In Cory Doctorow's wildly successful "Little Brother, " young Marcus Yallow was arbitrarily detained and brutalized by the government in the wake of a terrorist attack on San Francisco--an experience that led him to become a leader of the whole movement of technologically clued-in teenagers, fighting back against the tyrannical security state.
A few years later, California's economy collapses, but Marcus's hacktivist past lands him a job as webmaster for a crusading politician who promises reform. Soon his former nemesis Masha emerges from the political underground to gift him with a thumbdrive containing a Wikileaks-style cable-dump of hard evidence of corporate and governmental perfidy. It's incendiary stuff--and if Masha goes missing, Marcus is supposed to release it to the world. Then Marcus sees Masha being kidnapped by the same government agents who detained and tortured Marcus years earlier.
Marcus can leak the archive Masha gave him--but he can't admit to being the leaker, because that will cost his employer the election. He's surrounded by friends who remember what he did a few years ago and regard him as a hacker hero. He can't even attend a demonstration without being dragged onstage and handed a mike. He's not at all sure that just dumping the archive onto the Internet, before he's gone through its millions of words, is the right thing to do.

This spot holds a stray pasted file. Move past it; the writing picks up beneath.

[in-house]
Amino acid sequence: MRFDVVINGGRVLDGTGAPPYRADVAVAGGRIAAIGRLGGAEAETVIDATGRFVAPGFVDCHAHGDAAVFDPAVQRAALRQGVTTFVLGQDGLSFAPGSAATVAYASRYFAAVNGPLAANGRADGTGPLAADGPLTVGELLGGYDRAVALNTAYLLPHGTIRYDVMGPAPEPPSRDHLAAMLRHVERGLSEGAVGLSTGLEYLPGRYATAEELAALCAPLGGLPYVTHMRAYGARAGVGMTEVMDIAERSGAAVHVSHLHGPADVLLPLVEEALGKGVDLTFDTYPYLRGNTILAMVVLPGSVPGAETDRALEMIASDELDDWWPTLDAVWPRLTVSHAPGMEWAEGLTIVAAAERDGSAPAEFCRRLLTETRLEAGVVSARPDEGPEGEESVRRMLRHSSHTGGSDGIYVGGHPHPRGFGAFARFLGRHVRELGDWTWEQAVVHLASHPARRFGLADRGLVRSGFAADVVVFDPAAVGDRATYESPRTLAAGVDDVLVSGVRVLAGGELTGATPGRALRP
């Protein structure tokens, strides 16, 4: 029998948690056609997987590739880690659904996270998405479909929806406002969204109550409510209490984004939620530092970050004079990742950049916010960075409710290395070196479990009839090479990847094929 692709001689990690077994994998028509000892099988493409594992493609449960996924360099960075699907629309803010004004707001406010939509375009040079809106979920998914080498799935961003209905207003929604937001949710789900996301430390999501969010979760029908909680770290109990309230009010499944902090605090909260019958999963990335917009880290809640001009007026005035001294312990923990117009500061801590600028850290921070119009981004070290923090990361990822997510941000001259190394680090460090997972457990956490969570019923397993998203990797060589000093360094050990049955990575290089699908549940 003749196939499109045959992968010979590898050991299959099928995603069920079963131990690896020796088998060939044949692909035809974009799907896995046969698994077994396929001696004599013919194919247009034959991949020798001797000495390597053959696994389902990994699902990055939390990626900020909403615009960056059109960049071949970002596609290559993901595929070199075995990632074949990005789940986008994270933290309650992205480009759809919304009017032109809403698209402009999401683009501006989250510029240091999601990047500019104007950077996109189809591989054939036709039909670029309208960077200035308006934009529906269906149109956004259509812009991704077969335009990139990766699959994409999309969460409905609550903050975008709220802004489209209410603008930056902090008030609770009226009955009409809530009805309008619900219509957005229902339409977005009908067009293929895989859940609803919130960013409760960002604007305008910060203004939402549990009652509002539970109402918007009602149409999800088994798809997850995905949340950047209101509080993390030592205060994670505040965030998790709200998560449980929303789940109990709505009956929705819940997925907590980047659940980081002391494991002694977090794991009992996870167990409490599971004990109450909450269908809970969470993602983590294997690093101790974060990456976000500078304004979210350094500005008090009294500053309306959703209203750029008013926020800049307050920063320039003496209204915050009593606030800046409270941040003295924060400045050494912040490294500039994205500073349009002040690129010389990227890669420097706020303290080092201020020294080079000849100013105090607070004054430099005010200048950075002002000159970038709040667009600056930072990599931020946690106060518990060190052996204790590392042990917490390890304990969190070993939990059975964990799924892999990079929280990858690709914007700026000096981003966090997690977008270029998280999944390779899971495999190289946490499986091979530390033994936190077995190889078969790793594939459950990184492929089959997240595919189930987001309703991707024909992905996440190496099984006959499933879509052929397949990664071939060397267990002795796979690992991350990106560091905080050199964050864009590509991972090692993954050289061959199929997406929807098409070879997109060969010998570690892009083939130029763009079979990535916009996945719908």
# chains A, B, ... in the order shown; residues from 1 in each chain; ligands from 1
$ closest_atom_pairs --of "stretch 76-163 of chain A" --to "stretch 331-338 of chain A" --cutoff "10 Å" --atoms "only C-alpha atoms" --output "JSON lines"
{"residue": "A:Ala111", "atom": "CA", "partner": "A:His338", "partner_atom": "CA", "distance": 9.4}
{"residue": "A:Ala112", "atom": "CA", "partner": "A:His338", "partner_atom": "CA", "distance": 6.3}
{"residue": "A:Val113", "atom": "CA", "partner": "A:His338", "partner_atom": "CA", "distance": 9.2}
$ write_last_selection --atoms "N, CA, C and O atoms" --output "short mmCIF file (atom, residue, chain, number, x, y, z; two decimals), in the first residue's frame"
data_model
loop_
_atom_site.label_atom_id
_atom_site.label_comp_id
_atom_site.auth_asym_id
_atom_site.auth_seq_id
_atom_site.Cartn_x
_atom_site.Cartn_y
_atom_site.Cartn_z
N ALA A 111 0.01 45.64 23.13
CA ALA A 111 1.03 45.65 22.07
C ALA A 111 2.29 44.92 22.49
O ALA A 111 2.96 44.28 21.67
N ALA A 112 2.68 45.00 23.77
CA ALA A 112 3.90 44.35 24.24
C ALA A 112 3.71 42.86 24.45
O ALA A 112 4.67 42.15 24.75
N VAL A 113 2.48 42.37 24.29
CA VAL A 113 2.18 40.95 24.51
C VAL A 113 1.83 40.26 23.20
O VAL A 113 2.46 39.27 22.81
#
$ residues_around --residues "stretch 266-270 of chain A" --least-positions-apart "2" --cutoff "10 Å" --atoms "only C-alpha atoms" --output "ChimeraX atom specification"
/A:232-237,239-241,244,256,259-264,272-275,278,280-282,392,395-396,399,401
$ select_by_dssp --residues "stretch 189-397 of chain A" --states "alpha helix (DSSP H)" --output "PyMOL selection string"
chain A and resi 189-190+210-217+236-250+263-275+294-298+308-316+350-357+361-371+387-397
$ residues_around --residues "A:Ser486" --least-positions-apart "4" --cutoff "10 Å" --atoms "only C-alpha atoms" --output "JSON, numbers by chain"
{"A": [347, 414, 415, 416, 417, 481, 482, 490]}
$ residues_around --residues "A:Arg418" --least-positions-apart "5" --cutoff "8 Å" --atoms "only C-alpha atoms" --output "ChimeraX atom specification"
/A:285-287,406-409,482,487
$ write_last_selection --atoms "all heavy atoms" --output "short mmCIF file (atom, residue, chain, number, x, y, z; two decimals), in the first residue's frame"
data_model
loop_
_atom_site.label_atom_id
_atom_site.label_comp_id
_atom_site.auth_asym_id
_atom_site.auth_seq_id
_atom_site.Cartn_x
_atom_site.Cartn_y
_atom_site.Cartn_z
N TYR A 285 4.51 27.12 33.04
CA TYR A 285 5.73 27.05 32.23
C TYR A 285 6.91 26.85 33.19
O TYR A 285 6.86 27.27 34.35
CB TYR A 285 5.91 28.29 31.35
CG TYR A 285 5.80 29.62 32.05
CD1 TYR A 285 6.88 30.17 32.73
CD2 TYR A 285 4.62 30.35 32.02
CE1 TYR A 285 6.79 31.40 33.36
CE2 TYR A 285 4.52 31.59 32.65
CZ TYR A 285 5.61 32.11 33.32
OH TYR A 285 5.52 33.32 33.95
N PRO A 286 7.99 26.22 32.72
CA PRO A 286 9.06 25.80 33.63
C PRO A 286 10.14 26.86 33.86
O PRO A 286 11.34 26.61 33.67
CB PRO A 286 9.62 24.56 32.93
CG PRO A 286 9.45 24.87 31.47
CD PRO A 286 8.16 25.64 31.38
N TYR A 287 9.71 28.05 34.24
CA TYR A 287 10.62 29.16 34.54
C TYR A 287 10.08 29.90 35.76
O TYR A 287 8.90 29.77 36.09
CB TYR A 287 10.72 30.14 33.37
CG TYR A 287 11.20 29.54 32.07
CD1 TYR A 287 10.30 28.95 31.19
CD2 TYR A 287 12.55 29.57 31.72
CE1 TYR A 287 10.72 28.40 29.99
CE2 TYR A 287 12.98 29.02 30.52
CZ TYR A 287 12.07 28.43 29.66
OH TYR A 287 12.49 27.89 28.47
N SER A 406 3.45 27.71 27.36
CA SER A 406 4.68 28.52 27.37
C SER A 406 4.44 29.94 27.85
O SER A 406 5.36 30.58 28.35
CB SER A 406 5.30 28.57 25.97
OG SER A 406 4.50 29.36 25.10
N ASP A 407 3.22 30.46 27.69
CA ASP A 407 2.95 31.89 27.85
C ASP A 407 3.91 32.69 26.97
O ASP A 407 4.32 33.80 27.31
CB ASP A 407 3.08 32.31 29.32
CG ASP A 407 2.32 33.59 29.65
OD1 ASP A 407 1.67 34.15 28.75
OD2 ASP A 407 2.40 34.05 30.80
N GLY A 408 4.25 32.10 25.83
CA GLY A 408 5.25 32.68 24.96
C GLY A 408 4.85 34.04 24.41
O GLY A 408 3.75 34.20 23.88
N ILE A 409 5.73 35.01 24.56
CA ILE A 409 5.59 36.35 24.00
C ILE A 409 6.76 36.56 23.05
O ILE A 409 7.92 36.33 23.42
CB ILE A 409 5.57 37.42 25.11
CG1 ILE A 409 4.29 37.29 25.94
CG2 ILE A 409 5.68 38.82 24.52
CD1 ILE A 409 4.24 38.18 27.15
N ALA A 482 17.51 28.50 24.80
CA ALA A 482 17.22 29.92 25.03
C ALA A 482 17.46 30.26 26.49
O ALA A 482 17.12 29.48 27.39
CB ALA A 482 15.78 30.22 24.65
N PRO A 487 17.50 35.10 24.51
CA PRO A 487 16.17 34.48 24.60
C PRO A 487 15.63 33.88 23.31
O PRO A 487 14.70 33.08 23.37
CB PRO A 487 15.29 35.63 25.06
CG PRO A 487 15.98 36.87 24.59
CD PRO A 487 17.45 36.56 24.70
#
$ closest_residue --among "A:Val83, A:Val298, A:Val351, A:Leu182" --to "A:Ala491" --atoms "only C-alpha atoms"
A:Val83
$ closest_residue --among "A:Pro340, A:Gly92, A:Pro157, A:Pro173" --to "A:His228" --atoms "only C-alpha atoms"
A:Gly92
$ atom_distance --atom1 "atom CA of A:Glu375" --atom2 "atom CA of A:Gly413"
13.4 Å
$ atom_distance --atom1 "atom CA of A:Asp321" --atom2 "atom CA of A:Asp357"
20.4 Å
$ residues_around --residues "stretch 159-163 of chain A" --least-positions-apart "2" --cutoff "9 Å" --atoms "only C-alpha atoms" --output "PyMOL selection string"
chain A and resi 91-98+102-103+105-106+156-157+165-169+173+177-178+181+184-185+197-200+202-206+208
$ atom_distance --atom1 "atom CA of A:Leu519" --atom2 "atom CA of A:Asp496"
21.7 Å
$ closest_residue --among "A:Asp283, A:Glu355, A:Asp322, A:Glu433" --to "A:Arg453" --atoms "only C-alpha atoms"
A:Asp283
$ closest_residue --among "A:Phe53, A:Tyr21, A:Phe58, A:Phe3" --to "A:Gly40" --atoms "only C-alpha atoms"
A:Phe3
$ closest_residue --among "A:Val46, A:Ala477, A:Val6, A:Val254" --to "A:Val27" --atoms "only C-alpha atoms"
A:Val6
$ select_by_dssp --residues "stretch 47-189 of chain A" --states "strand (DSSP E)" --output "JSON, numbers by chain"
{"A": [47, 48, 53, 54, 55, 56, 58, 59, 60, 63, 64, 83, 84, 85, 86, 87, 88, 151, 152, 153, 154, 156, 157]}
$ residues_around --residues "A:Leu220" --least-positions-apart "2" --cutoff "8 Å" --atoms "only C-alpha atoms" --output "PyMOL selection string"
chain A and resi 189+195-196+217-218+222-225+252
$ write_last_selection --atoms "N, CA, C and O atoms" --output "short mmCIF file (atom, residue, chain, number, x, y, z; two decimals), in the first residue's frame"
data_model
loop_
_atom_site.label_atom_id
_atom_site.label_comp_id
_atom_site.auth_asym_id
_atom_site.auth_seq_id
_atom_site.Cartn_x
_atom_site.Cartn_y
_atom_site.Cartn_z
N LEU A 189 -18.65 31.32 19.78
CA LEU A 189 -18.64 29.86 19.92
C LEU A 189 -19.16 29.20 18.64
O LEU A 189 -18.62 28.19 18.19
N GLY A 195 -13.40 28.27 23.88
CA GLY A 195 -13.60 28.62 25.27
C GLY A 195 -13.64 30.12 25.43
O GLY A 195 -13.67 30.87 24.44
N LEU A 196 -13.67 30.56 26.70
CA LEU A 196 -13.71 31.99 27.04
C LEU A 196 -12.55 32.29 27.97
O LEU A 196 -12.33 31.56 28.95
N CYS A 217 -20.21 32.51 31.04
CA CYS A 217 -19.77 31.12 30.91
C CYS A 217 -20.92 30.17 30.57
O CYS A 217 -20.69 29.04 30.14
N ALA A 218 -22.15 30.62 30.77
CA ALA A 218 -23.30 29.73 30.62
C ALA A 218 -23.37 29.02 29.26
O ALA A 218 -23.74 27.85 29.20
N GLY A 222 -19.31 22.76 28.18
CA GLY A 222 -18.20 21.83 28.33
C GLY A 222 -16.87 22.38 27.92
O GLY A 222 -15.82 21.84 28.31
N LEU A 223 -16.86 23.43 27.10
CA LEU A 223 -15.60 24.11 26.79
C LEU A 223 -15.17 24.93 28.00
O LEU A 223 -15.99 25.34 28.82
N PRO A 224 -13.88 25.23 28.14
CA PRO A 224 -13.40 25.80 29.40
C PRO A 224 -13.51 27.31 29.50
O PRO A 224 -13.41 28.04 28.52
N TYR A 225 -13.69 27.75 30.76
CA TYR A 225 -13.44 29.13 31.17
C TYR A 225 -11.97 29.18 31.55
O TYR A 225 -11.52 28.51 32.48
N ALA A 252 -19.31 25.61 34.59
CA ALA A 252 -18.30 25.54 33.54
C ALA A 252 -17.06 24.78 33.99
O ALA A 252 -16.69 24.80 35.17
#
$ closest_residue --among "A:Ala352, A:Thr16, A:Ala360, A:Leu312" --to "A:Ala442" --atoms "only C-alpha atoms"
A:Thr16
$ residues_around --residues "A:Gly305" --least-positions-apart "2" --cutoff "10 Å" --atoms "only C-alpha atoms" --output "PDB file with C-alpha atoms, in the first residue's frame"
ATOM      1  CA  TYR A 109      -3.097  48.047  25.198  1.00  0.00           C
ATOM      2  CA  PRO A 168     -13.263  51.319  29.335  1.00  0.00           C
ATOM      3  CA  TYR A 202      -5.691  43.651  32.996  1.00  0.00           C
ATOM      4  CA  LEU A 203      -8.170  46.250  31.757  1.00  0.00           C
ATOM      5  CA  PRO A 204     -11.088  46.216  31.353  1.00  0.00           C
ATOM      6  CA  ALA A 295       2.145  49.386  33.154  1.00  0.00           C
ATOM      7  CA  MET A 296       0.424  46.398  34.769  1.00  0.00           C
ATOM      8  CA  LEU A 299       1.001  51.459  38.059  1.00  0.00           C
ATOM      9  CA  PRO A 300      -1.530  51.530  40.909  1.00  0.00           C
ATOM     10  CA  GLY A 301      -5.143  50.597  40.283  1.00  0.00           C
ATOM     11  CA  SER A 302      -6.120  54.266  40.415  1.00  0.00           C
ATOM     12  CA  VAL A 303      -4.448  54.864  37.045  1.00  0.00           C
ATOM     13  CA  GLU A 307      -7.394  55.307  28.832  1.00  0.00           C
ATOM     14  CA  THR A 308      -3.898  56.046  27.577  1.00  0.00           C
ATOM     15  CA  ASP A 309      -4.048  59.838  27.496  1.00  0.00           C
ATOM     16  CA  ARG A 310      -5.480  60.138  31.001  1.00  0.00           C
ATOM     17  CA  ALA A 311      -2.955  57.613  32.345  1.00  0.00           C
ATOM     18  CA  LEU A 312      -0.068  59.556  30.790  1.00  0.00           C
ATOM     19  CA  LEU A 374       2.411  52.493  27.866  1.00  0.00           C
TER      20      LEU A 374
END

Meanwhile, people are beginning to shadow him, people who look like they're used to inflicting pain until they get the answers they want.
Fast-moving, passionate, and as current as next week, "Homeland" is every bit the equal of "Little Brother"--a paean to activism, to courage, to the drive to make the world a better place.
About the Author
Canadian-born Cory Doctorow is the author of the "New York Times" bestselling young adult novel "Little Brother", and the co-editor of the popular blog BoingBoing. His other YA novels include "Pirate Cinema" and "Homeland" (2013), the sequel to "Little Brother". His adult novels and short stories have won him three Locus Awards and the John W. Campbell Award for Best New Writer. He has been named one of the Web's twenty-five "influencers" by "Forbes Magazine" and a Young Global Leader by the World Economic Forum. He lives in London with his wife and daughter.